Homeschoolers are brilliant, hard working, and mature. They always do well on standardized tests. They each play at least one musical instrument, beginning at the age of three. They can each speak at least two languages fluently. They always graduate early and become neurosurgeons at the age of 22. They always come from huge families.
Homeschoolers never get enough social interaction. They never have opportunities to participate in group projects or have class parties. They never eat Doritos.
I always cringe inside and I never feel like conversations like this build anyone up or glorify God. So can we stop with stereotypes and generalities already? Statements about what homeschooled kids always or never do is painful, ignorant, and downright silly. I’m not just talking about what those who “don’t get homeschooling” say. I’ve heard some of these statements from homeschooling families too.
Is it true that public schoolers always get into trouble, do drugs, disrespect their teachers, and slough off during high school? Of course not. Just like there are all varieties of students in the public school – ranging from scholarly to bully to godly to needy to athletic to healthy to highly intelligent to drama queen – so it is with homeschoolers.
Can I tell you a homeschooling truth? Some students are only “average” (which, for the record, is defined as normal, typical, and common – and therefore nothing to be ashamed of). Some of them struggle to read and write. Some knock the socks off the ACT and other standardized tests, but some do not. Some are musically inclined, while some are completely tone deaf. Some love learning foreign languages and some barely master speaking the English language using complete sentences. (Like, yeah. I know right? Totally.)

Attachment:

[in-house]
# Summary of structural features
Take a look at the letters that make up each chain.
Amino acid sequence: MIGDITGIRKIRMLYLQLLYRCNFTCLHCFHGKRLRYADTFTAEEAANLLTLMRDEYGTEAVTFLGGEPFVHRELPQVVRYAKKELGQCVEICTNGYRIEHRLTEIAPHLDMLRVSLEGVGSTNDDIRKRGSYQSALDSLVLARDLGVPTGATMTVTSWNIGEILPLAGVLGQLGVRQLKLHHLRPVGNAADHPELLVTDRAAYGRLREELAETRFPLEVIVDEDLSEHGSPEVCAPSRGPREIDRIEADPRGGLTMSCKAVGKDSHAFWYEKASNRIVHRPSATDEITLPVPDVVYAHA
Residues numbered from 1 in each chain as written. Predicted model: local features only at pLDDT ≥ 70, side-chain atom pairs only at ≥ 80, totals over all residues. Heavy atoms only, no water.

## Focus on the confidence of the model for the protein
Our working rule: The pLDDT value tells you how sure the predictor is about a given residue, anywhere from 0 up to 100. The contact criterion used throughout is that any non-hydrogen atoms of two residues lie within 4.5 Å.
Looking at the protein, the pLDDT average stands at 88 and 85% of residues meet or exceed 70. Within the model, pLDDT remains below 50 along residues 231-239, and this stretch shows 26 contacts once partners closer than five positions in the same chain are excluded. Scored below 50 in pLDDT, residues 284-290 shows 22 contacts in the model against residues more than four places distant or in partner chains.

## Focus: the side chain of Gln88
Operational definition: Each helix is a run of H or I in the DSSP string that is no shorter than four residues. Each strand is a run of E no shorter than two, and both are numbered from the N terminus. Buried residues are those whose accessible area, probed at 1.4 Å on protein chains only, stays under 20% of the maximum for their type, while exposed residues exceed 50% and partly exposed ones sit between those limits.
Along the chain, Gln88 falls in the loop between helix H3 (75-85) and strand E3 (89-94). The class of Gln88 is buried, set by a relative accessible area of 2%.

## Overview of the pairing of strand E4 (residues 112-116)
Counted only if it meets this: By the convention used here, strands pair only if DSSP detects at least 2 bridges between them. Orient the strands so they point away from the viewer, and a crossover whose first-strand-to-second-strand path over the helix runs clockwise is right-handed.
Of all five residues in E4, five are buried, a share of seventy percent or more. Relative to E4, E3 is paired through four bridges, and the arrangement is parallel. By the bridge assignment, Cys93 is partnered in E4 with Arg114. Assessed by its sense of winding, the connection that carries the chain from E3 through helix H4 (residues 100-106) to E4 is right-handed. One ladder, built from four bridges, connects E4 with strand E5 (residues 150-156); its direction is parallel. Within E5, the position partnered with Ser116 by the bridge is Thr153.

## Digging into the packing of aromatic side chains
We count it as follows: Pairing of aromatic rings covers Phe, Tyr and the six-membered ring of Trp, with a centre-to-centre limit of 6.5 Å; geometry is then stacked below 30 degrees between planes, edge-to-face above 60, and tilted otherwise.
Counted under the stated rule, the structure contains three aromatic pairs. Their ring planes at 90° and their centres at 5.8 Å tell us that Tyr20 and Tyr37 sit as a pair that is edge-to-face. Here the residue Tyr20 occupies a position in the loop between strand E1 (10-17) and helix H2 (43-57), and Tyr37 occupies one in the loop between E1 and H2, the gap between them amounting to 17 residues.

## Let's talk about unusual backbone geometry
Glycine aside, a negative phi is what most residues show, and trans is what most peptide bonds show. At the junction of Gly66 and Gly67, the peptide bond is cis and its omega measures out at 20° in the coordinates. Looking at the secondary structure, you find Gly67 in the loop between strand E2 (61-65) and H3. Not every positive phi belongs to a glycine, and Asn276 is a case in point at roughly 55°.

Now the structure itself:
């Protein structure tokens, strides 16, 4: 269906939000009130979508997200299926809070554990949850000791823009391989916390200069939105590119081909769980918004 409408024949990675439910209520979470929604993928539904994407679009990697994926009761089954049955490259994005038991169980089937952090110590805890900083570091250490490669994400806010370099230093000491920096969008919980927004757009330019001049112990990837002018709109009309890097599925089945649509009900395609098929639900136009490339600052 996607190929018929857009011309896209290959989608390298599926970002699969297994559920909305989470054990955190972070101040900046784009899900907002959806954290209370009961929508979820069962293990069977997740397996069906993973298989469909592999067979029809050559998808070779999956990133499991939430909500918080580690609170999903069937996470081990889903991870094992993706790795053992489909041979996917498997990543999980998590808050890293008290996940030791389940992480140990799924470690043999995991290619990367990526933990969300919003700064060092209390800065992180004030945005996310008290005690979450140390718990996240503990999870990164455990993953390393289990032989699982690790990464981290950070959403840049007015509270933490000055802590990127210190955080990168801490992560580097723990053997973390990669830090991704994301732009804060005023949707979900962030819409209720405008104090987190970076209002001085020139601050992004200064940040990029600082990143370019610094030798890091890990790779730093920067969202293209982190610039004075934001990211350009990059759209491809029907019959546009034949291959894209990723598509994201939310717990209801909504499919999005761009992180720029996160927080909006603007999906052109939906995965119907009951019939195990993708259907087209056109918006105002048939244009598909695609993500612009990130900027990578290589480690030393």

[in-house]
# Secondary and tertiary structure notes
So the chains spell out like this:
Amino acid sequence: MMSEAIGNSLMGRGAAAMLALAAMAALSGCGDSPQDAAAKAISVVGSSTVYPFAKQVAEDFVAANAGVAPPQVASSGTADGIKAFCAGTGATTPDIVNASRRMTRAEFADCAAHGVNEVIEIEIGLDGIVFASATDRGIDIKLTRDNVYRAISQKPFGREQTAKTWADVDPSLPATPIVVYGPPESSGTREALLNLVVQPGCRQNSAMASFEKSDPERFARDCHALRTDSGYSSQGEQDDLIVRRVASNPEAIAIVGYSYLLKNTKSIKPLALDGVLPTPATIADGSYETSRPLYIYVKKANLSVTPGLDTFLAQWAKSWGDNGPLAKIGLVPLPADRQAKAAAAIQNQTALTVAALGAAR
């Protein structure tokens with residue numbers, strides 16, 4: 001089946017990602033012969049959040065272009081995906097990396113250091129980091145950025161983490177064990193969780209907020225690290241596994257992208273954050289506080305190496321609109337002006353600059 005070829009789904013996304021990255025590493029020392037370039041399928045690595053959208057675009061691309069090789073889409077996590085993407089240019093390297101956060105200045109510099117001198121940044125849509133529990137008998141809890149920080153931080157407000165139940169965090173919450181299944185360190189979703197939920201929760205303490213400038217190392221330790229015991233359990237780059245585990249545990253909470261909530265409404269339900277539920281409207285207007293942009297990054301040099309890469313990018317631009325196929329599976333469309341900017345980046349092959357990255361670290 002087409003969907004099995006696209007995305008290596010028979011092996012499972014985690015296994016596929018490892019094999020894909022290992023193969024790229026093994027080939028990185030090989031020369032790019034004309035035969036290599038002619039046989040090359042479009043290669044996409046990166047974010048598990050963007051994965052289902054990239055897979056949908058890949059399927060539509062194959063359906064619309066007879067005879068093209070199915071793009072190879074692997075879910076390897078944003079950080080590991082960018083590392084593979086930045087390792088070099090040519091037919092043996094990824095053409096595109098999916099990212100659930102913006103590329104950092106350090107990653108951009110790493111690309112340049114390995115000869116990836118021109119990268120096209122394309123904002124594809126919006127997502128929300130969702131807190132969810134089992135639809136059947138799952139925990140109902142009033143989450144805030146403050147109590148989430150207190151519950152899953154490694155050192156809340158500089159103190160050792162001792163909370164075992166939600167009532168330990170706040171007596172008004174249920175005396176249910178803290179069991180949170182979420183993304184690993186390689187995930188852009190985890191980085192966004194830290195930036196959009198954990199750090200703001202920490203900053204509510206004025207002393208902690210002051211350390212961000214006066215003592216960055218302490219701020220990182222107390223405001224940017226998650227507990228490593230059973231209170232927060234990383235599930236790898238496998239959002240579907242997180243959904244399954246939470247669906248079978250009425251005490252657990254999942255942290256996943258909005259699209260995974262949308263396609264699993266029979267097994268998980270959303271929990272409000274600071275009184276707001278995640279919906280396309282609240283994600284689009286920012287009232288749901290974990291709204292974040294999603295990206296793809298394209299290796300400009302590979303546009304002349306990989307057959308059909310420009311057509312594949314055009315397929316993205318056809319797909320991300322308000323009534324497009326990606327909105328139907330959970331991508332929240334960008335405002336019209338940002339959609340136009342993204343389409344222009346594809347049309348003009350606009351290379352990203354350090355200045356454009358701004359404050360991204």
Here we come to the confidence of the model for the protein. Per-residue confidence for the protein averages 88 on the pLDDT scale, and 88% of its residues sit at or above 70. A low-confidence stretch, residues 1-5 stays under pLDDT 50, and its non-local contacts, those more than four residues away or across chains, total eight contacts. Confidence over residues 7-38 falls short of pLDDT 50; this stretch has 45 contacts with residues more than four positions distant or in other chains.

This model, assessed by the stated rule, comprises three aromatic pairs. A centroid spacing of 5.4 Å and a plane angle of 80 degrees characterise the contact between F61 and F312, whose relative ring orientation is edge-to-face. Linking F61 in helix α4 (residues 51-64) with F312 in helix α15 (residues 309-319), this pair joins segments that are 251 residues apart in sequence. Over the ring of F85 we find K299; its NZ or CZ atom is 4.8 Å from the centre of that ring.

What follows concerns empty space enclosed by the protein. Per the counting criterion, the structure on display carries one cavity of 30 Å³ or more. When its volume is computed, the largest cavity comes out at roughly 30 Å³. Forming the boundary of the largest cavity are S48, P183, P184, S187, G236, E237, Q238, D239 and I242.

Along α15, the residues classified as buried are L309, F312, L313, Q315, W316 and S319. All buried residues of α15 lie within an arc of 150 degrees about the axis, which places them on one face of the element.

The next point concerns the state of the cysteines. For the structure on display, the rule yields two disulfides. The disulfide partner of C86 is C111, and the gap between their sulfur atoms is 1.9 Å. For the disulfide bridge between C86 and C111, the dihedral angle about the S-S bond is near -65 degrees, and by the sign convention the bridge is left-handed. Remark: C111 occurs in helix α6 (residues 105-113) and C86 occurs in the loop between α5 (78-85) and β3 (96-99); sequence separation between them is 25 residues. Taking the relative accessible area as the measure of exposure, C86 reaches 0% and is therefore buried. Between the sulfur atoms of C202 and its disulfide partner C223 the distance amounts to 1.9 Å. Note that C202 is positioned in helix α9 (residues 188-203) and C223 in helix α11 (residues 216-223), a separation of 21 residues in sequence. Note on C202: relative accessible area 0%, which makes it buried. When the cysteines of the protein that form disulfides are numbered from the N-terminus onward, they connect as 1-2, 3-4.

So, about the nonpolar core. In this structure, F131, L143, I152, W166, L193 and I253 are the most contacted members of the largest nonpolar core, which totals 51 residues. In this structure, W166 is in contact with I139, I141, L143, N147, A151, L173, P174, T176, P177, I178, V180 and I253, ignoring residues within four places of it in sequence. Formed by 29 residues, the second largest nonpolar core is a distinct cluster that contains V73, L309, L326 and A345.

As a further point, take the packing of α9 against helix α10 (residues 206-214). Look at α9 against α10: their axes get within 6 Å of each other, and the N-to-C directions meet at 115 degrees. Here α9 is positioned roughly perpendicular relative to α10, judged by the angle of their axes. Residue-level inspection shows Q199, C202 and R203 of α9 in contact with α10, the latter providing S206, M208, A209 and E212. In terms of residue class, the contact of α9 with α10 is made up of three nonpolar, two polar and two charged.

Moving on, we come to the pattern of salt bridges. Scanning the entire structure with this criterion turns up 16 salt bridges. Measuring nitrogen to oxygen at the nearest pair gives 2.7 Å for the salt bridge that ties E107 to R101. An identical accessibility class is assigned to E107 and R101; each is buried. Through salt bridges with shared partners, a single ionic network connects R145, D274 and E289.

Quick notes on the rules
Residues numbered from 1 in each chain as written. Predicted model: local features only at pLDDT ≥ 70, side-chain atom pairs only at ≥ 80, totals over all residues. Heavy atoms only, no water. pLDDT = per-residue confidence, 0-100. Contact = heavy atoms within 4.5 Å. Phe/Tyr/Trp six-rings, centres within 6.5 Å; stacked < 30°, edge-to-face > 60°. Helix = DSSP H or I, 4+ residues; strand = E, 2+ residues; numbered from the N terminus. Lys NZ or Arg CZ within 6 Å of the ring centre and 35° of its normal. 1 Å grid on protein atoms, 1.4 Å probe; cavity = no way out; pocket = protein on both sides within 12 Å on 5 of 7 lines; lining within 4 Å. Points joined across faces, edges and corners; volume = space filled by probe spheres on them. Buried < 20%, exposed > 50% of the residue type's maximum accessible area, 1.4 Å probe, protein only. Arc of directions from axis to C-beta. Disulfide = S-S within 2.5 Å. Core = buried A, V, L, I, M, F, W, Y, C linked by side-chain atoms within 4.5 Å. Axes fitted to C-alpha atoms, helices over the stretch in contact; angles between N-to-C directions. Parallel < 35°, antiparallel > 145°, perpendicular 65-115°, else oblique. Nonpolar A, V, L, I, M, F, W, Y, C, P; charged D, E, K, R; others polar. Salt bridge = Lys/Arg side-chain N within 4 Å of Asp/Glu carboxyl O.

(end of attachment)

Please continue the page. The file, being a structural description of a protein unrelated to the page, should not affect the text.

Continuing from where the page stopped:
Homeschooling does not ensure that kids will grow up to follow the Lord. Public schooling does not turn out robots. Homeschooling does not make kids anti-social. Public schooling does not provide more opportunities. Raising kids, no matter how you choose to do it, takes work, patience, and an immense trust and reliance on God – the One who created all of us uniquely for His glory. I am raising four boys in the same house, feeding them the same food, passing down jeans from one boy to the next, reading them the same books, teaching them the same math, and talking the same talk daily to all of them at the same time. Would you believe that all four of them are all very different in their talents, interests, learning styles, and personalities? I’m fairly certain that none of them have any interest in becoming a French speaking, cello playing, neurosurgeon. Thankfully, I realize that this doesn’t mean I have failed as a homeschool mom. I see their God-given talents shining in other ways.
Homeschoolers, public schoolers, private schoolers, adults, children, men, and women are individuals with unique talents, abilities, strengths, and weaknesses. Each one of us is always never anything less than God created us to be. Let us never make a generalized statement that might belittle that truth.
P.S. I thought it may be of interest to note that last night, our family ate a meal with a group of homeschoolers. We all shared a bag of Doritos.